be mostly wood, and you might run into a few people who
            think that the ONLY truely 'period' bow is an ELB. They are
            wrong, so don't let them buffalo you.

            YIS
            Evian Blackthorn of THE WEB
            http://www.spider-strands.com
            Editor, Bodkin and Bolt Magazine
            http://www.dskonline.net/bodkin
          • eulenhorst@juno.com
            Thank you, Evian. Yes, I was referring to English references of the period. In service to the dream, Carolus von Eulenhorst eulenhorst@juno.com On Wed, 2 Jan
            Message 5 of 10 , Jan 2, 2002
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              Thank you, Evian. Yes, I was referring to English references of the
              period.

              In service to the dream,
              Carolus von Eulenhorst
              eulenhorst@...

              On Wed, 2 Jan 2002 19:17:10 -0600 "Evian Blackthorn" <theweb@...>
              writes:
              > Greetings list,
              >
              > In 1188, a half Welsh - half Norman living in England
              > knew of and wrote about at least four different materials
              > being used for bows. They were: horn, ivory, yew, and elm.
              > This person was named Giraldus, and wrote about the bows of
              > elm used by the 'Venta' of Wales, as opposed to bows of
              > horn, ivory or yew. There are no details given in relation
              > to the shape of these or other bows. There is no information
              > given about whether the materials were used individually, or
              > were used as a composite material. But this is only a small
              > area of the known world of that time, although Giraldus was
              > familiar with sizable areas of England, France and Italy,
              > having lived in all three countries, as well as having been
              > raised in Wales and having visited Ireland. He gives no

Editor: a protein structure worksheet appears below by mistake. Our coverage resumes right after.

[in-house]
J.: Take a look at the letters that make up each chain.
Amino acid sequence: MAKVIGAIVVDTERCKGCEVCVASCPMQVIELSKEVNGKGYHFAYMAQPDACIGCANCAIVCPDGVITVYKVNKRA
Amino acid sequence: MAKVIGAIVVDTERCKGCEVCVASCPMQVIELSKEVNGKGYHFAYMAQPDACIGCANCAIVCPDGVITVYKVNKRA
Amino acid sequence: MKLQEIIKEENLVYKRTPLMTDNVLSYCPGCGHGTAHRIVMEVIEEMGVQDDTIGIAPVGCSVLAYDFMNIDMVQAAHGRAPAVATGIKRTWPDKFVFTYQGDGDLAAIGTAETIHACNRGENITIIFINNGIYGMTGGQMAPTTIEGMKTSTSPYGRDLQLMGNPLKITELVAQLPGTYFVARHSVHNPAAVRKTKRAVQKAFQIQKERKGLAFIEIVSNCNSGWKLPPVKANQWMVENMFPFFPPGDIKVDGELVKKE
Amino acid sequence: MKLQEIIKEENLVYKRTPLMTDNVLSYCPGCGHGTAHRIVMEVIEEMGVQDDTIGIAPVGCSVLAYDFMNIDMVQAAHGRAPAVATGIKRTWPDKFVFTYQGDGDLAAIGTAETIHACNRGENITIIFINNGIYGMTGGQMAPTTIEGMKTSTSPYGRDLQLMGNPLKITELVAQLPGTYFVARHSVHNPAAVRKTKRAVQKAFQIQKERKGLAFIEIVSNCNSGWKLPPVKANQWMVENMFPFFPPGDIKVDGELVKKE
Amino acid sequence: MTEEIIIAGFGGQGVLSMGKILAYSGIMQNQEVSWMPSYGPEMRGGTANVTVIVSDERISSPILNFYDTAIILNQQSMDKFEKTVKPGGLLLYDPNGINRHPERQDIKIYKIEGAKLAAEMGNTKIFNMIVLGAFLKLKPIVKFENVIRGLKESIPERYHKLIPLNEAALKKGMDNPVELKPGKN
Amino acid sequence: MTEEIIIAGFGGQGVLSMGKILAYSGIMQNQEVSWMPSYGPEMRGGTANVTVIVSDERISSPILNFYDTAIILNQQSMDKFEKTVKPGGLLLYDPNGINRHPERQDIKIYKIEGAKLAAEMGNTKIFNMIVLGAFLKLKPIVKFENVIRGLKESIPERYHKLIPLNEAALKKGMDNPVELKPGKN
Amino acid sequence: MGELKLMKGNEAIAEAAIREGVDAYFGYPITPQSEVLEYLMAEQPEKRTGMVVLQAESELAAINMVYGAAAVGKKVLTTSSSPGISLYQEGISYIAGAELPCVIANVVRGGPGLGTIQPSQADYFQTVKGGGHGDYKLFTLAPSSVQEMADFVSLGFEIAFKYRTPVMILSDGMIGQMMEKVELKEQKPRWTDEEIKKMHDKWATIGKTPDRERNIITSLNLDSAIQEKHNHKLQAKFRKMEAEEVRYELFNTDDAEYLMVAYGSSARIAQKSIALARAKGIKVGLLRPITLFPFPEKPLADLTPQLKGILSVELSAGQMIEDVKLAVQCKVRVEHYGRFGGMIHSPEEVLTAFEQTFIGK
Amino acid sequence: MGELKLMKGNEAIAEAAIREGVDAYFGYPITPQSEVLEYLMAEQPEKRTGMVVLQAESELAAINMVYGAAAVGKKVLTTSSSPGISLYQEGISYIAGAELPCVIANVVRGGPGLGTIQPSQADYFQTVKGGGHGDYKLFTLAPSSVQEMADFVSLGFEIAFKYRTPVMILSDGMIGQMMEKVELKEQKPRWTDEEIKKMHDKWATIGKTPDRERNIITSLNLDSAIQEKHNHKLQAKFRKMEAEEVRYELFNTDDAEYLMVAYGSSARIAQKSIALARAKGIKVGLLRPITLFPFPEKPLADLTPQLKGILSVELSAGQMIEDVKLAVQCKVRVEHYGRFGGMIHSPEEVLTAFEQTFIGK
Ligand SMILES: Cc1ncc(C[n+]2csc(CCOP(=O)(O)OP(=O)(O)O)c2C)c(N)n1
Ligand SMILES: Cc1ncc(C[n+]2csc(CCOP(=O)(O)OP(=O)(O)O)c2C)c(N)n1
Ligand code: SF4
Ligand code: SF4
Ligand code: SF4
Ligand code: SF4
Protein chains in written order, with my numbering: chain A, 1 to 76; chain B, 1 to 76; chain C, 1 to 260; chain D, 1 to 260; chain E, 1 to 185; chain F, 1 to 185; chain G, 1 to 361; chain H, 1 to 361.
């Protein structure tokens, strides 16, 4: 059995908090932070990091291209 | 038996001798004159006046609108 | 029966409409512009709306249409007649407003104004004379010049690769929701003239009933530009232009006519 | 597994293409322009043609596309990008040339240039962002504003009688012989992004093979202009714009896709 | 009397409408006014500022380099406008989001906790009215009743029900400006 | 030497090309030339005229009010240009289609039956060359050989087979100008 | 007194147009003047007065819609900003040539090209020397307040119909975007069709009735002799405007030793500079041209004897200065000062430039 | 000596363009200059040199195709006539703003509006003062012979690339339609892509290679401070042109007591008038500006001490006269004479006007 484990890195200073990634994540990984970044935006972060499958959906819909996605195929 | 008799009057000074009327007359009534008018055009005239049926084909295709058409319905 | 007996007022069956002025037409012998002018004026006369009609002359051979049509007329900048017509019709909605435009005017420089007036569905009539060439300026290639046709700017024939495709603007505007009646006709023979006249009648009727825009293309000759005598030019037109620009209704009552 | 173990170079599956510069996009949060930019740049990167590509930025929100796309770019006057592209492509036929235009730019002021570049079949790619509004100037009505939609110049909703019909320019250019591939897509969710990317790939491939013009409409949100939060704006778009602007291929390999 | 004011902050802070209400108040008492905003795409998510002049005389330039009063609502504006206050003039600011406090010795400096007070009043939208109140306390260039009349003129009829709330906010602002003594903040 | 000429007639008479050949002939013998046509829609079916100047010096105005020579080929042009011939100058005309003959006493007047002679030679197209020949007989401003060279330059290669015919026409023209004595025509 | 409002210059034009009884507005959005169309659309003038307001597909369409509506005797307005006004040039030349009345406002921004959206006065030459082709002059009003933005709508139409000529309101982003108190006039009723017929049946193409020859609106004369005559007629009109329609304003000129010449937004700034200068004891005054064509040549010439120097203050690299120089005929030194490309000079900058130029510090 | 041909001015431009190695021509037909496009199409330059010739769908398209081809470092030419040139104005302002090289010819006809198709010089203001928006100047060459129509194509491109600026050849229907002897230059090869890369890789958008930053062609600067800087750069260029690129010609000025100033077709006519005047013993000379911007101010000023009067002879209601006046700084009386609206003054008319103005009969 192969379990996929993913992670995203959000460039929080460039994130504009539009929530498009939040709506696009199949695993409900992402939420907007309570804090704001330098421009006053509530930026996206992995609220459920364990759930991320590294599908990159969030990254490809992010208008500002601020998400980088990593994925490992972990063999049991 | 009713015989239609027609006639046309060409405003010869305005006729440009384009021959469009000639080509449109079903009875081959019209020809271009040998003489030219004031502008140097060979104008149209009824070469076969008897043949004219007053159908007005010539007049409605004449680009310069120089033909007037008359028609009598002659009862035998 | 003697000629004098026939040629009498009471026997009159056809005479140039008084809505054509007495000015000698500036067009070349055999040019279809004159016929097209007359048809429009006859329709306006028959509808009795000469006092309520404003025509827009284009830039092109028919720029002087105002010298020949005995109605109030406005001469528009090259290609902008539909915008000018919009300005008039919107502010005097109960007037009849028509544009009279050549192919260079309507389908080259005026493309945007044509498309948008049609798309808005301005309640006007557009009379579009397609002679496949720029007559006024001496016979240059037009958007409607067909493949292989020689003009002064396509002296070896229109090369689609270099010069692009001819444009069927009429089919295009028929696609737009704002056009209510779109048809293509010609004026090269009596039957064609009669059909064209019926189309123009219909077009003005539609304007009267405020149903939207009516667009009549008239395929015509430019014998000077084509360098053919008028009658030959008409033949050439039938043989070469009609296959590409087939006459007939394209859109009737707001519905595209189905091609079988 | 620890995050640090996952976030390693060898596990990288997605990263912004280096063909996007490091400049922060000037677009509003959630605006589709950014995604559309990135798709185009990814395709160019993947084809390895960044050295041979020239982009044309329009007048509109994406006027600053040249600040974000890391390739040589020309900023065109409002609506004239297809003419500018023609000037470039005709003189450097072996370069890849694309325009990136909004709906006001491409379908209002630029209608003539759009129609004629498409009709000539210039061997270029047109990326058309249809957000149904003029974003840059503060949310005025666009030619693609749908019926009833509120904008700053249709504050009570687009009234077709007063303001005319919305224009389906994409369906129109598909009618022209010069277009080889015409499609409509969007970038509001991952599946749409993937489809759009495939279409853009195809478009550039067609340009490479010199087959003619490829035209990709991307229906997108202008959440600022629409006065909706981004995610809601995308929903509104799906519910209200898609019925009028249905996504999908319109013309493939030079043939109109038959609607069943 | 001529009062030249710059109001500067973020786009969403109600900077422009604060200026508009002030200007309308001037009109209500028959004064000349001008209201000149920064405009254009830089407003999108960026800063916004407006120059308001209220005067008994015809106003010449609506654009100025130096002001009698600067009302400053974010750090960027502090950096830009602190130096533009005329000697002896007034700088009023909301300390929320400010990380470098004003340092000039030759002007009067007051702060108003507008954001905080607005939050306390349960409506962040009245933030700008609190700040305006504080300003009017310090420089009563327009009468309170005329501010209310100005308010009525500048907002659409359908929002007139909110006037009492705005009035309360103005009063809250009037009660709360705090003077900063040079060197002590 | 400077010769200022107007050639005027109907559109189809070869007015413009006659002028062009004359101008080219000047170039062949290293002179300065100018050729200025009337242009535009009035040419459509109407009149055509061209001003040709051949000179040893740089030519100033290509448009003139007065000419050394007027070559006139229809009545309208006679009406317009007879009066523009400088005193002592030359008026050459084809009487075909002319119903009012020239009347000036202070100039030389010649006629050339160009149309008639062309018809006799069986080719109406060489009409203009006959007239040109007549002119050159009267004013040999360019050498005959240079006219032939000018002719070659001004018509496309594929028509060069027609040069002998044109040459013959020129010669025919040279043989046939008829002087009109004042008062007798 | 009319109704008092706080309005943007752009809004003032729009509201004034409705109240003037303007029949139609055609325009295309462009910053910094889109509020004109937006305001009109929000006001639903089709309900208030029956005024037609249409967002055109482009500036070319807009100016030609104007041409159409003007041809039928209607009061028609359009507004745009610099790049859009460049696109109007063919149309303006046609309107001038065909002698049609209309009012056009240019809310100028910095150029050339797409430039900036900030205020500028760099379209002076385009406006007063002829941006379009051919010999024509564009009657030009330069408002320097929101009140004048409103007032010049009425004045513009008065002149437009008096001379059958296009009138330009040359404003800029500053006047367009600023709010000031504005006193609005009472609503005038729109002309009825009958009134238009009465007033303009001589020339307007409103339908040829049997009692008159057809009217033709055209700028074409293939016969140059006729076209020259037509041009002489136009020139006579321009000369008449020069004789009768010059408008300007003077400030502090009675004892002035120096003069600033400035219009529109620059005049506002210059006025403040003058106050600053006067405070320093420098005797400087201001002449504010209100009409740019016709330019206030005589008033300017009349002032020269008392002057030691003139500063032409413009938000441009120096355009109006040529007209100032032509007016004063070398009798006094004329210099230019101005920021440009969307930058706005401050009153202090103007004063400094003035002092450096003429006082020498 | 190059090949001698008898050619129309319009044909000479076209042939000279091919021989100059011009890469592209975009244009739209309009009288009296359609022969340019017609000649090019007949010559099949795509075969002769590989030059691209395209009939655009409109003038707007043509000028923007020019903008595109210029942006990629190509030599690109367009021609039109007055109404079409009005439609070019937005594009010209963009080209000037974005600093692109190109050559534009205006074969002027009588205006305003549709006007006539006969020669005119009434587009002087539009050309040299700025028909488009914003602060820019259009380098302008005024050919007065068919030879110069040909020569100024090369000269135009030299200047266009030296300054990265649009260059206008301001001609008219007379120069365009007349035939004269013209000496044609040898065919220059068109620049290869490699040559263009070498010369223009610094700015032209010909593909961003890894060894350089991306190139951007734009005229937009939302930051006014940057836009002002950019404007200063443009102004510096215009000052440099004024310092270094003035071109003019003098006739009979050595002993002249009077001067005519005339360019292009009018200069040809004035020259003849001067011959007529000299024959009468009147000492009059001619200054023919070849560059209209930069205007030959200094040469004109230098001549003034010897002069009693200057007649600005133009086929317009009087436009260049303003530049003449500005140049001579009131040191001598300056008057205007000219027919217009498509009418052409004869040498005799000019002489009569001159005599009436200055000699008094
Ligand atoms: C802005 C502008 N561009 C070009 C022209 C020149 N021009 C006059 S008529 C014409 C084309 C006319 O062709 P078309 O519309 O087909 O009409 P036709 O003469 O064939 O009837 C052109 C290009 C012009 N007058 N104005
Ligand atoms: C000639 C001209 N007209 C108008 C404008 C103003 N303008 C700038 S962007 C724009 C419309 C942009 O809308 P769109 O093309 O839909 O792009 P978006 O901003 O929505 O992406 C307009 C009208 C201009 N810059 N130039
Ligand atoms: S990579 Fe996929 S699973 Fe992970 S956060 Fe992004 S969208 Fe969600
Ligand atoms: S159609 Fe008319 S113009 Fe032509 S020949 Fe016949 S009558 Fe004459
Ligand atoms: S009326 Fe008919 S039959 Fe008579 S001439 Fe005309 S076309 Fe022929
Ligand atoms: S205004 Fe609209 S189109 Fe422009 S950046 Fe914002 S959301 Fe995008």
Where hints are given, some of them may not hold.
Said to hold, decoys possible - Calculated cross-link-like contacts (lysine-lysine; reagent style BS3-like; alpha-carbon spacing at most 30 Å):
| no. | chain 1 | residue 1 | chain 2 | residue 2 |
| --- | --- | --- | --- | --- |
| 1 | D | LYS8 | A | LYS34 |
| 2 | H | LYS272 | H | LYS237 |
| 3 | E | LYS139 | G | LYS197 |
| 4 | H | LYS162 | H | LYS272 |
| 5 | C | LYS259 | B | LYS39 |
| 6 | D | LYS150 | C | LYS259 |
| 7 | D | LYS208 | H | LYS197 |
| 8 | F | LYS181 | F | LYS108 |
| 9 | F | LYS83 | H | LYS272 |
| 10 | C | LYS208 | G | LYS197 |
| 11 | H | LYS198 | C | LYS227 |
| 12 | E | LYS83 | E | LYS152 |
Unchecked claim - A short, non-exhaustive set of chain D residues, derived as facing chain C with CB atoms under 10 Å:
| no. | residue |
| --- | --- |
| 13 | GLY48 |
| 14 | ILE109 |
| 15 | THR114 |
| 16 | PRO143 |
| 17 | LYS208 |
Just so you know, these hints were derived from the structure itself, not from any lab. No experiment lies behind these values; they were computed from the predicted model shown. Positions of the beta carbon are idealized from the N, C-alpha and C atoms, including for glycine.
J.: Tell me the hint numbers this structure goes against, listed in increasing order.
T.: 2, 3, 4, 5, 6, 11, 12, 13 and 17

> details about where the other three materials other than the
              > elm of the Welsh was used for bows.
              >
              > I don't know if Carolus is right about Italian yew being
              > the preferred yew in period England, but I do know that there
              > were extensive yew growths around the shores of Lake Geneva,
              > in what is now the Haut-Savoie departement of France,
              > formerly part of the Duchy of Savoy, so at least yew grew in
              > Italy in period, as well as Spain and England. I sure won't
              > argue about it with him, as he is normally right in his
              > statements and can back them up with documentation. However,
              > Carolus failed to make the distinctintion I did about period
              > ENGLAND, though he does refer us indirectly to English
              > records and statutes. Or at least I assume he was referring
              > to English records, as he directly referred to English
              > ports. Other areas of Europe used other woods, and had bows
              > other than the 'classic' English long bow in 'period'. Plus,
              > several areas of South, Central and Southern North America
              > were known and extensively explored before 1600 by the
              > Spanish. So even some 'native' american bows can be
              > 'period'. Most asiatic bows in use before 1600 can also be
              > included as 'period' in the SCA.
              >
              > I have no information on hickory being used for bows
              > before 1600, but hickory is not just a native American wood.
              > It is also native to Eastern Asia, and fossil remains have
              > been found in Greenland, Iceland and even in Europe. But
              > basically, what Baron Ben said is correct.
              > >if you show up on the range with a bow without center
              > >cut arrow shelf and with proper arrows, you may shoot
              > >in the period division in the outlands (or most any other
              > >Kingdom). If you enter a bow in an A&S competition,
              > >be well prepared for many challenges on minutiae.
              > The only things I might want to add is that the bow should
              > be mostly wood, and you might run into a few people who
              > think that the ONLY truly 'period' bow is an ELB. They are
              > wrong, so don't let them buffalo you.
              >
              > YIS
              > Evian Blackthorn of THE WEB